On Iran's ties with its neighbours in the Gulf, Zarif says the country hopes to achieve normalisation of relations.

"What we have called for, and repeat, is that our neighbours - all of us - belong to this region, we cannot leave this region. Others will leave this region; others will not secure us; others will not provide us with the security umbrella that we need. We can provide each other with that security umbrella. We extend our hand, and our hand remains extended, to all our neighbours."

Zarif admits he is "certainly concerned" about the the potential for a war in the region. "But as a diplomat, I always need to look for a peaceful way out. And that's what we are trying," he says.
--

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Aug 12 2019
38 mins
Play

Rank #4: Sudan: Hassan Al-Turabi's Life and Politics - Part 1, Rise to Power | Al Jazeera World

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Note: This is part one of a two-part documentary.
Sudan has a troubled history and has been in almost constant turmoil since the 1950s.

Regime change, coups, street protests, famine, war, political division - and in April 2019, the toppling of President Omar al-Bashir.

The history of modern Sudan is punctuated by several coups, including in 1989, the seizing of power by al-Bashir, whose regime would last for three decades.

In the background was Hassan al-Turabi, the power behind the leadership, and the man many call the architect of modern Sudan.

"Al-Turabi was a successful politician, not in the sense of political achievements on the ground but in his capacity for mass mobilisation, creating an organisational structure and ensuring continuity," says Dr Al Nour Ahmed, a researcher, academic and Sudanese opposition member.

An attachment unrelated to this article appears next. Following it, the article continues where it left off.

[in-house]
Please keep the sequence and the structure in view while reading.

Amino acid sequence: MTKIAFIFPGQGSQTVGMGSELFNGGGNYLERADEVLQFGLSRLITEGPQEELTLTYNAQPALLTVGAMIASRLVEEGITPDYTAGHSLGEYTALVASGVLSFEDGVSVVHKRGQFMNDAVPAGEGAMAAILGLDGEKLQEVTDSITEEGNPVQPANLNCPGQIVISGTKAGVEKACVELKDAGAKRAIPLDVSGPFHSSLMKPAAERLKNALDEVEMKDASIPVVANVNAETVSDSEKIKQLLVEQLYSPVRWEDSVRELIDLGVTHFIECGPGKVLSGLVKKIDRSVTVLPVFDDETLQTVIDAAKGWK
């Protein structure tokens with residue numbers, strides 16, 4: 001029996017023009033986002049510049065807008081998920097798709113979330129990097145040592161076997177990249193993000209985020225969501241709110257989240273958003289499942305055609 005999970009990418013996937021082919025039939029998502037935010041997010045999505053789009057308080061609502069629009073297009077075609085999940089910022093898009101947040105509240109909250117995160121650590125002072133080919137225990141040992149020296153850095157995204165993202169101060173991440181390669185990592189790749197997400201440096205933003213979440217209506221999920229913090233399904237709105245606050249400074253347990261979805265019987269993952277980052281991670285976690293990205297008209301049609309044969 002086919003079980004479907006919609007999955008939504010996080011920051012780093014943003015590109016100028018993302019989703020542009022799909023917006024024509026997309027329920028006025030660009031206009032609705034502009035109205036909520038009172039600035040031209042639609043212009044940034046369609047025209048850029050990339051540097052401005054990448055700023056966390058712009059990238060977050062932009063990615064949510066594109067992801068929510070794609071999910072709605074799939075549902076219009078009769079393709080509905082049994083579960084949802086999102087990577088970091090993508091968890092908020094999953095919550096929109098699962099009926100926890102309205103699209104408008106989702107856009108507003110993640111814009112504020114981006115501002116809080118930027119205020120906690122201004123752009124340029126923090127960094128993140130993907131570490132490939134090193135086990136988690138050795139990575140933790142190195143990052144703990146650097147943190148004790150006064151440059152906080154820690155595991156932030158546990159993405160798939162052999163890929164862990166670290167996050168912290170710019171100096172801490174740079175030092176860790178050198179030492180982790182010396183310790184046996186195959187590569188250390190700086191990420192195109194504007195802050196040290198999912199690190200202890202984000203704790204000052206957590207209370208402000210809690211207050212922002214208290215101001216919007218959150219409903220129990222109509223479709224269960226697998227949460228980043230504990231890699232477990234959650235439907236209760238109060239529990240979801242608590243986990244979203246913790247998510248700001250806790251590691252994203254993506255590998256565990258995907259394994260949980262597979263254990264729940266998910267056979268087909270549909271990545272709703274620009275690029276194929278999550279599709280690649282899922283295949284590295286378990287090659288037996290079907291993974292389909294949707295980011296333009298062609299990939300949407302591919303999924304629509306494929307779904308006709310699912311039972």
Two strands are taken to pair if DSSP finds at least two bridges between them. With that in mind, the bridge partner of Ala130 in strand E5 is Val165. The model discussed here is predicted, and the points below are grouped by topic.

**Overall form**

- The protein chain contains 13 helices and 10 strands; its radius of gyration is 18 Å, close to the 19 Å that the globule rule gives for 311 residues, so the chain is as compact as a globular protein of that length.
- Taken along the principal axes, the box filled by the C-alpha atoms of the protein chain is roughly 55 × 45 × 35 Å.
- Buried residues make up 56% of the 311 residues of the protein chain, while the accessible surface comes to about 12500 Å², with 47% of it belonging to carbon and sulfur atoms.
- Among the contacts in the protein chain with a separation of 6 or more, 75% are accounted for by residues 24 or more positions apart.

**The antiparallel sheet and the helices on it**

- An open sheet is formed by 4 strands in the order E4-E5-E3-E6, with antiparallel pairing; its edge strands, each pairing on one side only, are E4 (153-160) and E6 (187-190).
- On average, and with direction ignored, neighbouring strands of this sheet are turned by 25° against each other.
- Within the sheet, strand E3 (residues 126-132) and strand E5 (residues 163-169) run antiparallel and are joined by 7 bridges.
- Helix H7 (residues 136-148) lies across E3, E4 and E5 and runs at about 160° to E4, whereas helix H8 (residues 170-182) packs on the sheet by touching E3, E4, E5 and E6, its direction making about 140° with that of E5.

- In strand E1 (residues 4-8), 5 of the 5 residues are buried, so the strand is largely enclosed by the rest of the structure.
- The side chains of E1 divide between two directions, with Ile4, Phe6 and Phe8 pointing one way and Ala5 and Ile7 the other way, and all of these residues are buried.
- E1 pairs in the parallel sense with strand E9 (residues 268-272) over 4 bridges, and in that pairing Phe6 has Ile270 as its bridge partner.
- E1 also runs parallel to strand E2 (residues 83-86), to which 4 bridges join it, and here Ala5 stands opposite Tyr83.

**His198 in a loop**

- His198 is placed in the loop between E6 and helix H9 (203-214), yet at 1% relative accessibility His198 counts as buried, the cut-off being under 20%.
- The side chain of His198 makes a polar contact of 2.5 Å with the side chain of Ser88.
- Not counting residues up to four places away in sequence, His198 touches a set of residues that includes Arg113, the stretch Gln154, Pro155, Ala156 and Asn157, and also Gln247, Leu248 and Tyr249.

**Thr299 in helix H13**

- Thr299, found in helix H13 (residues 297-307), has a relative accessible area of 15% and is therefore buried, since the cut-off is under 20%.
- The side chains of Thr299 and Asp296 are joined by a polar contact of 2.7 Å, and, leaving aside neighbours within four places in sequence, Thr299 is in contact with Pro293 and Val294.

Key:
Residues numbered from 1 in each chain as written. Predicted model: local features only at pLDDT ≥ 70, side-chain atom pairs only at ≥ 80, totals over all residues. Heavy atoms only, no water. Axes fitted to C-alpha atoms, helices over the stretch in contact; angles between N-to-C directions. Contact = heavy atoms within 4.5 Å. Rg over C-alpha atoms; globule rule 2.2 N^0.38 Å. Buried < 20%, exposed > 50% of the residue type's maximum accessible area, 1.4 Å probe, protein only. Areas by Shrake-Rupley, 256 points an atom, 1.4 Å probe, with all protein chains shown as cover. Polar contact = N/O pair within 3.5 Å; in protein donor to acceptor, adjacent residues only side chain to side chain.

"No politician had ever created a cohesive organisational body in Sudan as al-Turabi did."

Al-Turabi was enigmatic, a learned Islamic scholar, the founder of Sudan's religious political party and an arch-politician. His followers revered him as a scholar, diplomat, spiritual leader and strategic thinker, with an uncanny knack of backing winners.

"Thanks to his quite diverse experience, he combined traditional Islamic culture with modern European thinking," says political analyst Dr Mohamed Mokhtar al-Shanqity.

But to his many enemies, he was Machiavellian, ruthlessly ambitious and sought power on his own terms.

"Al-Turabi was known for his intellectual and political flexibility. Political shrewdness is one of his greatest strengths and at the same time one of his major weaknesses," al-Shanqity says.

As al-Bashir's attorney-general, al-Turabi was at the heart of power and also at the centre of Sudan's religious ideologues who controlled the executive, the military and the judiciary.

When al-Turabi set up a General Assembly to discuss a worldwide Islamic revolution, he attracted people like Osama bin Laden who, as a then-Saudi entrepreneur, set up businesses in Sudan. However, relations with the West deteriorated and Sudan's exiled community, antagonistic to al-Bashir's authoritarian rule, grew.

In the 1990s, al-Turabi came under increasing pressure. Soon a rift developed with al-Bashir who dismissed al-Turabi in 1999. He spent the rest of his career in opposition, and spent many years in prison. His loyal following gave him continued support until his death in 2016.

Throughout al-Bashir's regime, al-Turabi was a key background figure. His political sway and his avowed mission to establish a religious state in Sudan, both formed and later challenged al-Bashir - even from his prison cell - and hold weight even in events unfolding today.

In the current power struggle enveloping the country, al-Turabi's influence is still felt - not least among some of the protesters vying with the army for civilian rule in the post al-Bashir era.

In this two-part series, we trace the rise and fall of Hassan al-Turabi, and explore the vast influence he had over five decades of Sudanese politics.
-

More from Al Jazeera World on:

YouTube - http://aje.io/aljazeeraworldYT
Facebook - https://www.facebook.com/AlJazeeraWorld
Twitter - https://twitter.com/AlJazeera_World
Visit our website - http://www.aljazeera.com/aljazeeraworld
Subscribe to AJE on YouTube - http://aje.io/YTsubscribe

-
- Subscribe to our channel: http://aje.io/AJSubscribe